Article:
For the purposes of this research study, pupils were asked to reflect on their use of the habits of mind (Costa and Kallick, 2000) and metacognitive skills and knowledge, as well as the way they interacted and worked independently. They did not use the assessment framework for enquiry and digital portfolios.

How experience affected interaction and enquiry techniques

Although pupils were asked to reflect on their use of the habits of mind (Costa and Kallick, 2000) and metacognitive skills and knowledge, during and after their enquiries, they also completed a short questionnaire designed to formalise their experiences of Teen Second Life in relation to interaction and enquiry.

The questionnaire contained twelve questions. The first four questions required a simple ‘yes’ or ‘no’ answer. The remaining eight questions were given in the form of a Lichert scale. Pupils were asked to circle the statement which best represented their opinions

  1. Had you heard of Second Life prior to our visit to Middlesbrough City Learning Centre?
  2. Had you been on it?
  3. Had you heard of Teen Second Life prior to our visit to Middlesbrough City Learning Centre?
  4. Had you been on it?
  5. The KTP project has helped me to become a more independent learner.
  6. The Teen Second Life project has helped me to become a more independent learner.
  7. I enjoy working in a school environment.
  8. I enjoy working in Teen Second Life.
  9. I prefer working in Teen Second Life.
  10. I used enquiry skills (habits of mind and metacognitive skills and knowledge) in school.
  11. I used enquiry skills (habits of mind and metacognitive skills and knowledge) in Teen Second Life.
  12. I can see how we can collect evidence to show we have used enquiry skills in Teen Second Life.

Pupil responses show that

  • Two pupils had heard of either Second Life or Teen Second Life prior to our induction and orientation visit to Middlesbrough City Learning Centre
  • One pupil had been into either of the worlds (Teen Second Life)
  • All pupils enjoyed working in the in-world environment of Teen Second Life
  • All pupils preferred working in the in-world environment of Teen Second Life to the school environment
  • Most students stated that they had used enquiry skills in-world
  • Most pupils stated that the in-world learning environment of Teen Second Life has helped them to become more independent learners

However, it is necessary to state that not all of the eight pupils involved in the research study completed the questionnaire. The sample size for this is seven.

Figure1Chart1.PNG Figure1Chart2.PNG
Figure1Chart3.PNG Figure1Chart4.PNG

Figure 1: Pupils who had heard of or been on either Second Life or Teen Second Life prior to the visit to Middlesbrough City Learning Centre (n=7)

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Figure 2: All pupils enjoyed working in the in-world environment of Teen Second Life (n=7)


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Figure 3: All pupils preferred working in the in-world environment of Teen Second Life compared to the school environment (n=7)


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Figure 4: Most students stated that they had used enquiry skills in-world (n=7)

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Figure 5: Most pupils stated that the in-world learning environment of Teen Second Life has helped them to become more independent learners (n=7)

An analysis of the qualitative data reveals further insights into these initial findings. For example, pupils gave a number of reasons for their lack of previous knowledge of either Teen Second Life or Second Life ranging from lack of personal interest to preconceptions that it cost money (they didn’t have) to register. Reasons for preferring to work in Teen Second Life included;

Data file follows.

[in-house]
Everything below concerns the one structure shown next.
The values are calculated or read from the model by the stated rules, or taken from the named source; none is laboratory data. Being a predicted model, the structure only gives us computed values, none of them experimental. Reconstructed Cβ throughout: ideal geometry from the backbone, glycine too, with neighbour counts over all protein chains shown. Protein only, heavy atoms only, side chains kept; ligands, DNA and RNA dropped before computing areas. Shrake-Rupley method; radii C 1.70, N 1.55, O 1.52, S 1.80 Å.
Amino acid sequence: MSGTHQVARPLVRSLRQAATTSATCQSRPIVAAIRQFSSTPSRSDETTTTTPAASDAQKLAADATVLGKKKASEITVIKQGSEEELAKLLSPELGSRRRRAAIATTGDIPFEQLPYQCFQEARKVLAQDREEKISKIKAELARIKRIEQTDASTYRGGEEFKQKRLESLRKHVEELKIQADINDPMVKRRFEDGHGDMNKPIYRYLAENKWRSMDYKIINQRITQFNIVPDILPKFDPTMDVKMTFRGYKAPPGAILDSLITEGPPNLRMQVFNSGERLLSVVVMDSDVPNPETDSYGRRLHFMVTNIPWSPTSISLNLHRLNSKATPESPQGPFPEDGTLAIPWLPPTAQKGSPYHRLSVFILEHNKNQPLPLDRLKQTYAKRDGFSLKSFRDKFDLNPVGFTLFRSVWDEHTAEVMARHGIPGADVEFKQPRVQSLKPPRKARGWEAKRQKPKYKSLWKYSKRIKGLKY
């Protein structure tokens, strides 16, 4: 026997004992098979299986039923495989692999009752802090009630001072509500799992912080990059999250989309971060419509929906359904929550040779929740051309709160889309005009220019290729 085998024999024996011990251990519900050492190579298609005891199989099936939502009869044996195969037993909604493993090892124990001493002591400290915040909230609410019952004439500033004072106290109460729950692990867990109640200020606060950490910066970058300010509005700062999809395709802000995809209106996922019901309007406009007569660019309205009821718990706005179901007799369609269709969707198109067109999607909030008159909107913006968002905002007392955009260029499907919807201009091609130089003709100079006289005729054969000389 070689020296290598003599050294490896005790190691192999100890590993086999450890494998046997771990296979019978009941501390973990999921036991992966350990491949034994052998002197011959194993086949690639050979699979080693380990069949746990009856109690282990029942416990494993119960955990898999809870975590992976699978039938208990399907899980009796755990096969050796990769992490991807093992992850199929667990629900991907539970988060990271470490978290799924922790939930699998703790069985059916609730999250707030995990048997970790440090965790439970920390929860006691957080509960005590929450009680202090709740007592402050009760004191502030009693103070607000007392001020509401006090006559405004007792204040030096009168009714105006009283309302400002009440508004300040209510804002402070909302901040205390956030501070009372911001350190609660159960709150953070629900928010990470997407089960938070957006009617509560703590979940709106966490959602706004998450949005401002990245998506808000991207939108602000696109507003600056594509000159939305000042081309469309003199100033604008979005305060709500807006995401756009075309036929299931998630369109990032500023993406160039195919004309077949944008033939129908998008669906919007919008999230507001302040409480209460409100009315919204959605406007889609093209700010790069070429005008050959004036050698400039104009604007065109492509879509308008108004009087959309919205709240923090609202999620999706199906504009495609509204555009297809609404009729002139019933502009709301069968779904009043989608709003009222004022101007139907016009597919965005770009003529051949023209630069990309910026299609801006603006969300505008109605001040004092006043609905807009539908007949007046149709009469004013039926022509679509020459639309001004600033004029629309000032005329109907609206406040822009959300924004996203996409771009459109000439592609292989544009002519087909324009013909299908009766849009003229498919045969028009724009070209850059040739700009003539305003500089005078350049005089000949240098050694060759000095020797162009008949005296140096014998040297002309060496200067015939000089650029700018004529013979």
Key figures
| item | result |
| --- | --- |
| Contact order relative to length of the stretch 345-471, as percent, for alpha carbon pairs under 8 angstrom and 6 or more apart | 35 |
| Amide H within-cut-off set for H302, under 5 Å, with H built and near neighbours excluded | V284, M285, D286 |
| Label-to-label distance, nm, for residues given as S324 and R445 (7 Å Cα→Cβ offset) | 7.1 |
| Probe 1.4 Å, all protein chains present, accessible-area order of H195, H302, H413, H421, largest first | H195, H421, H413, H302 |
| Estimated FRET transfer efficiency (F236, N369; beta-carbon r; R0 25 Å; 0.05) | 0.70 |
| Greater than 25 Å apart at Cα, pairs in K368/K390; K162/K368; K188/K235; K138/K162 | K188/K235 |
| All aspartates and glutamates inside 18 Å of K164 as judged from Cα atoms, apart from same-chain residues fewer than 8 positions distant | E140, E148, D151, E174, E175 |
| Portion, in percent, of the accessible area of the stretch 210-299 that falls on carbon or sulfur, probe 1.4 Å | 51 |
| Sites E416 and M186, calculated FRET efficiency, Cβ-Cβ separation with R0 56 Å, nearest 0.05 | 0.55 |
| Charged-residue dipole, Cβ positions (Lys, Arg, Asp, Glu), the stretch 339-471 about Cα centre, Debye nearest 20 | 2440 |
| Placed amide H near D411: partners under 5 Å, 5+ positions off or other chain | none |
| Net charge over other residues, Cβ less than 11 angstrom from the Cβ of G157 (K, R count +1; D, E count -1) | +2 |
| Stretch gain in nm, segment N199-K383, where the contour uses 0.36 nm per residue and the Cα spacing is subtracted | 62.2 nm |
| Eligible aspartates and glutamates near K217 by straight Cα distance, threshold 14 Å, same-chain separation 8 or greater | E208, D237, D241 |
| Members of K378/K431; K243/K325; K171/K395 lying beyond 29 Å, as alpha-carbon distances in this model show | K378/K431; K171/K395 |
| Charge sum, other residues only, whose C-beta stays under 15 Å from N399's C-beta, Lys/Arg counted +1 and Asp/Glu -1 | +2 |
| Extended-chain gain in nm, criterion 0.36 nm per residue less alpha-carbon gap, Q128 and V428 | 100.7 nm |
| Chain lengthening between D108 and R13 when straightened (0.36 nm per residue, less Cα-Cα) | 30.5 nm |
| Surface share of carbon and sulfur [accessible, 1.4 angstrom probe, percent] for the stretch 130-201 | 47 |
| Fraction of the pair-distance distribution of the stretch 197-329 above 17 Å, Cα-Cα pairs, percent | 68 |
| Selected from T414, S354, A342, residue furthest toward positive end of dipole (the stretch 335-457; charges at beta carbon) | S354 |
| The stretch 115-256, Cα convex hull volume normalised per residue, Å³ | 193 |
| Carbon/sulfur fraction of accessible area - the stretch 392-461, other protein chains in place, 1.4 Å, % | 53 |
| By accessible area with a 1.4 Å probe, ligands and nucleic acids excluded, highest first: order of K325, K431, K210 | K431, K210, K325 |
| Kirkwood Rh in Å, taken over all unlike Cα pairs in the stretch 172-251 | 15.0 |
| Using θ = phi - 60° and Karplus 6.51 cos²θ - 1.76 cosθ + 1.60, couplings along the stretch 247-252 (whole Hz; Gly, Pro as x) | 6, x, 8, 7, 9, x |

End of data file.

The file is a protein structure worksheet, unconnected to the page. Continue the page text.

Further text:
“It’s a different way of communicating with others and learning in a virtual world environment used the habits of mind and metacognitive skills.”(Laura)

“You get to work on a computer and control a virtual person.”(Liam)

“It is something I like doing and I like using the PC.”(Carly)

Laura’s comment (above) highlights that pupils could recognise that they has used enquiry skills in-world. Indeed, she takes the next step and identifies examples of how she might collect evidence and upload it to her digital self-assessment portfolio;

“We could use the website that allows you to upload images, videos, vice recordings, etc. to see what parts of the assessment framework we need to work on.”(Laura)

In addition, much of the in-world ‘chat’ contains examples of pupils asking each other questions, particularly when they have asked a teacher, only to be given no response! Enquiry 2 contains one final example of the pupils working independently. It appeared that the pupils’ avatars had ceased to function in-world. They were not communicating or travelling around. After a short time, it became apparent that the pupils had arranged at school to conduct their enquiry using the instant messaging function which did not include the teacher facilitating the in-world activity. She was most surprised at the end of the session when the pupils could answer all of the questions from the hoardings with apparent signs of doing no work!

Finally, most pupils mentioned the collaborative work with Middlesbrough City Learning Centre as a major factor in their success. Indeed, the Centre Assistant Manager made all the necessary administrative arrangements for the research study to take place, and took a lead in the induction and orientation day. This must be recognised here.

8 The down side

It is clear that there are many advantages to exploring the virtual world as an environment for enquiry based learning however there are also a number of potential barriers to progress;

  • Technical issues
  • Connectivity issues